on what to do with your tax return
January 18, 2010, 4:22 pm
Filed under: advice, financial | Tags: , , , , , , ,

dear spoonah,

it’s tax season. i’m getting scores of w-2s and other letter/number combinations of forms that i don’t understand. it would normally be frustrating, but i manage to stay un-stressed based on the possibility of getting a large return. so let’s just theoretically say that happens, and i end up with a pretty reasonable check from the government. do i:

a) buy those boots i’ve been wanting for oh-so-long?
b) finally purchase that sex toy i’ve been eyeing since aught seven?
c) follow my thrifty instincts, put it all into savings, and try to forget about it until an emergency comes up?
d) spoonah’s choice

please guide me. i am lost, bewildered, and need to be spoon(ah)ed.

in christ,

broke but eager, in portland.

dear broke but eager,

the answer to this is going to vary based on a few factors. namely, how much you get back and how much these things cost. according to the IRS website, the average personal tax refund was $2,345. however, the average American filing tax returns is (and I am just guessing here) married, with children, and has a family income of $50,233.00 (in 2007, via wikipedia). since you have not indicated that you are either (and since I know for a fact that you are neither) your tax refund is probably going to be pretty different (read: lower). I couldn’t find a lot about average tax refunds for single people with lower incomes and no children, but an article from 2005 by Intuit states that the average refund for people between the ages of 18-24 is $900. so let’s assume we’re working with somewhere around $1000, shall we?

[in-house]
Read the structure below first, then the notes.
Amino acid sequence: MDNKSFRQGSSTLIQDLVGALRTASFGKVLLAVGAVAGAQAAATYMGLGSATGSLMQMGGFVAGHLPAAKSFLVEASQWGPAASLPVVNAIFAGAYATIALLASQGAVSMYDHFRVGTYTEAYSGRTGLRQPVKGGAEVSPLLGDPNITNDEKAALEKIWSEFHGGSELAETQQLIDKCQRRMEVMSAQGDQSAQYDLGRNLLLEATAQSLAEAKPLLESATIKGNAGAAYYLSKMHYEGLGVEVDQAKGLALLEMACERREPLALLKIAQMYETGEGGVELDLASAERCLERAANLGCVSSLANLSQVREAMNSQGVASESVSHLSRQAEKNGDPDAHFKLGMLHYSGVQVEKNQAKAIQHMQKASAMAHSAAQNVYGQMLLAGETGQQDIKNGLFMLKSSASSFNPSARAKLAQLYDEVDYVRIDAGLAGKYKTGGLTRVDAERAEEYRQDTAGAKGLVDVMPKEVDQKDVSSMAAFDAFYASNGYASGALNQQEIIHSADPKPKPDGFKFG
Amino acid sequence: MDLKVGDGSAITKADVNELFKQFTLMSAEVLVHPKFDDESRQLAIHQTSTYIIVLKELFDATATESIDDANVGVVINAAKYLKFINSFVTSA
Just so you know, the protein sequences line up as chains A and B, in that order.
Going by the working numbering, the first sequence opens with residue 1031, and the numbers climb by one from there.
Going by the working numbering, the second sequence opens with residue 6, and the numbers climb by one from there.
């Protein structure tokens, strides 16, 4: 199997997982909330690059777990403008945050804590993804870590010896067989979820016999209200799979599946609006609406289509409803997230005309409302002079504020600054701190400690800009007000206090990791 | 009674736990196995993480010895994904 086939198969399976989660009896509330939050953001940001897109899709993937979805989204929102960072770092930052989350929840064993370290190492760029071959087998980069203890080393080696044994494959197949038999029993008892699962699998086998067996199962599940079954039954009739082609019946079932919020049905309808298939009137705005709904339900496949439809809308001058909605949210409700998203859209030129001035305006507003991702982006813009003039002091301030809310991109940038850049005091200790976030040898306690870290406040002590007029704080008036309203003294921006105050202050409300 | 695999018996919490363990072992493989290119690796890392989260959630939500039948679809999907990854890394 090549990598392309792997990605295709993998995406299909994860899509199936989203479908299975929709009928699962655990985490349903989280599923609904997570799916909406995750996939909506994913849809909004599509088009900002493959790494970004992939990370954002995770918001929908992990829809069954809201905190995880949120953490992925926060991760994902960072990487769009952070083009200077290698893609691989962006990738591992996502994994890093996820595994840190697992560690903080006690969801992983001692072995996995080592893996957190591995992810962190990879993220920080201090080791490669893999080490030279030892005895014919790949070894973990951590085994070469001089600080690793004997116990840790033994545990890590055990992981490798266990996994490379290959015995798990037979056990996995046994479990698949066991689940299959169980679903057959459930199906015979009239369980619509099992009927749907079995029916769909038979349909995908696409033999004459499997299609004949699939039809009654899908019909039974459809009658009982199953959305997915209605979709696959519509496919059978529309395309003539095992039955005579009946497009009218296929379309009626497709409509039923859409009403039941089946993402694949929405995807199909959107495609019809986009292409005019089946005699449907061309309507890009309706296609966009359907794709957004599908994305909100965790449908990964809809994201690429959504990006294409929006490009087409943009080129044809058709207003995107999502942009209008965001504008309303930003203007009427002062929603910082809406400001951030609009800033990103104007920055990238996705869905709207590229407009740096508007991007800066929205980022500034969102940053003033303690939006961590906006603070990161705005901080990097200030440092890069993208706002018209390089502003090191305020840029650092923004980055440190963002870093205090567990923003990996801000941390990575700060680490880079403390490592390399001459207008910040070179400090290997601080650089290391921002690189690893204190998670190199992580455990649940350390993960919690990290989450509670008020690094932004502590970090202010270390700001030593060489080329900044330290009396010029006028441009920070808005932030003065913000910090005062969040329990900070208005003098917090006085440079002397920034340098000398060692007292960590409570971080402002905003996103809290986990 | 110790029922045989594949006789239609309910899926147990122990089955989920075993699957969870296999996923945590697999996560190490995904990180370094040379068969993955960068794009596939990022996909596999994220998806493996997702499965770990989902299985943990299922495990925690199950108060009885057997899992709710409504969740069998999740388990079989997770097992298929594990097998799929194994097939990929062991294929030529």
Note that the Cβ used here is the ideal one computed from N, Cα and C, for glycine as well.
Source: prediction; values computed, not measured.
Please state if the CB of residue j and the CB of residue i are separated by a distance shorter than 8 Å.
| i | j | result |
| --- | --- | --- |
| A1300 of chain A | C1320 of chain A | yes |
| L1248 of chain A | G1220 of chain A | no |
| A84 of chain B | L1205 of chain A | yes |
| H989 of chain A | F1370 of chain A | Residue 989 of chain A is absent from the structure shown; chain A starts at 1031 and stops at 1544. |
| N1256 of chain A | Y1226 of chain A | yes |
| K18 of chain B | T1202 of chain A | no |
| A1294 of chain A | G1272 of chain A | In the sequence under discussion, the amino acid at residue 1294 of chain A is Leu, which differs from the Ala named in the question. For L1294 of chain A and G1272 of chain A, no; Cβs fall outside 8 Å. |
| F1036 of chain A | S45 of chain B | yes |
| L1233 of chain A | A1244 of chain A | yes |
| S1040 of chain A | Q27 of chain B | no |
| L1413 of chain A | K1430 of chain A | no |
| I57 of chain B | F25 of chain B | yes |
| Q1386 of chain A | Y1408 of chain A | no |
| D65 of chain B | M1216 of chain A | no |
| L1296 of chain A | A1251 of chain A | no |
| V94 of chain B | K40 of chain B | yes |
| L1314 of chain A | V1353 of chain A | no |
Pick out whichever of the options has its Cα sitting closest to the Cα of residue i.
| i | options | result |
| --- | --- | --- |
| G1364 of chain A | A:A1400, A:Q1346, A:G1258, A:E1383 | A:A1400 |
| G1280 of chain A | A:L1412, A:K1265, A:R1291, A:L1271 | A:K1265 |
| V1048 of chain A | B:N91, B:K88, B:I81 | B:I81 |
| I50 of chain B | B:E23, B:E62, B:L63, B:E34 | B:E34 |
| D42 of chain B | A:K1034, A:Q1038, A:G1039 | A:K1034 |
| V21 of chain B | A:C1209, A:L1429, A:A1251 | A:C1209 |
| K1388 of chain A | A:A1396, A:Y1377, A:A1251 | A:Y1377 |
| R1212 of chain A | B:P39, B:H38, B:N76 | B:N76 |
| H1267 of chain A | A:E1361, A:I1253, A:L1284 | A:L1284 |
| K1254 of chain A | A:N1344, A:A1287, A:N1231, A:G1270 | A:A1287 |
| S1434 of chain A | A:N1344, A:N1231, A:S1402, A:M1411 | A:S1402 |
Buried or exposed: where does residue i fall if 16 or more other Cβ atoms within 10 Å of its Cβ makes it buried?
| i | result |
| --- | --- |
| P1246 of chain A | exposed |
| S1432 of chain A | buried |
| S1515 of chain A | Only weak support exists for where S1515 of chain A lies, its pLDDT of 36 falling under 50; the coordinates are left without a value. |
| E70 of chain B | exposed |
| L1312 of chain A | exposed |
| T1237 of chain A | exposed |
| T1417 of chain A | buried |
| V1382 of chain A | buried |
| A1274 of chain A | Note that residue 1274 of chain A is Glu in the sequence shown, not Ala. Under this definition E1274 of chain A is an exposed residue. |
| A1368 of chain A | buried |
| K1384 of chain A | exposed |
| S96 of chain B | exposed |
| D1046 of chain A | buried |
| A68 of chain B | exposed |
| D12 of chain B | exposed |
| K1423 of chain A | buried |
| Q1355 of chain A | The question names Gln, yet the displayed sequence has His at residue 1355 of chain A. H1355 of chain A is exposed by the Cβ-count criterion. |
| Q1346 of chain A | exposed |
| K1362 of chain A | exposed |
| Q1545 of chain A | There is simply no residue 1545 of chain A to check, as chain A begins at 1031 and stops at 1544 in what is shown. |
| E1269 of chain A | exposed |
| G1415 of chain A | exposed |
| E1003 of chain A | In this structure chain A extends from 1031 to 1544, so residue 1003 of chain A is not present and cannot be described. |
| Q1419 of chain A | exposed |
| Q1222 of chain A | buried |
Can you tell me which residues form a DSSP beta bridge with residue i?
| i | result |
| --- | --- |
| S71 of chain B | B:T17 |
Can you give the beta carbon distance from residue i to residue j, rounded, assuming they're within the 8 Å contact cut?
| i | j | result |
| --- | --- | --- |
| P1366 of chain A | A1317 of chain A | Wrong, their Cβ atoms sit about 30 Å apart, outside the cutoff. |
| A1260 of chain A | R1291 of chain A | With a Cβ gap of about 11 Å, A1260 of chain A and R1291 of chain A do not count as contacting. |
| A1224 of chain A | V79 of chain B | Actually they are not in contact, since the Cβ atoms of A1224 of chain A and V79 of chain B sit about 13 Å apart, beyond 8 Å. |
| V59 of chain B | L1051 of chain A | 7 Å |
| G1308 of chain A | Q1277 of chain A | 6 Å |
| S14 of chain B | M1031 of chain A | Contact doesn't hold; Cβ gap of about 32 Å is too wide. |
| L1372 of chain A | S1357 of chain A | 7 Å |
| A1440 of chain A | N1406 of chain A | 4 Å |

I would like to think (but do not know) that neither the boots you want or the sex toy you want cost anywhere near $1000. if that is true, and you’ve been pining after them for years, then by all means, go at it. another thing I know about you (not included in your letter) is that you are an exceptionally hard worker, so you should learn to treat yourself. let’s say that between the two of them you spend, say, $300. that leaves you with $700 left to put in savings, pay off debt, or shred and bathe in. up to you.

but spoonah, you say. how do I know whether to pay off debt or put it in savings?

a good rule of thumb is this. if you have no savings and some (or a lot) of debt: take the first $500 you have beyond daily expenses and put it into an emergency fund. use the rest on debt. $500 is the smallest emergency fund I am comfortable recommending, though I feel a lot better about $1000 or more. However, since interest rates are such shit right now for deposit accounts, you’re undoubtedly better off clearing out some debt that you’re paying more interest on. especially if they are credit cards that you can then have available in case of a serious emergency.

happy spending!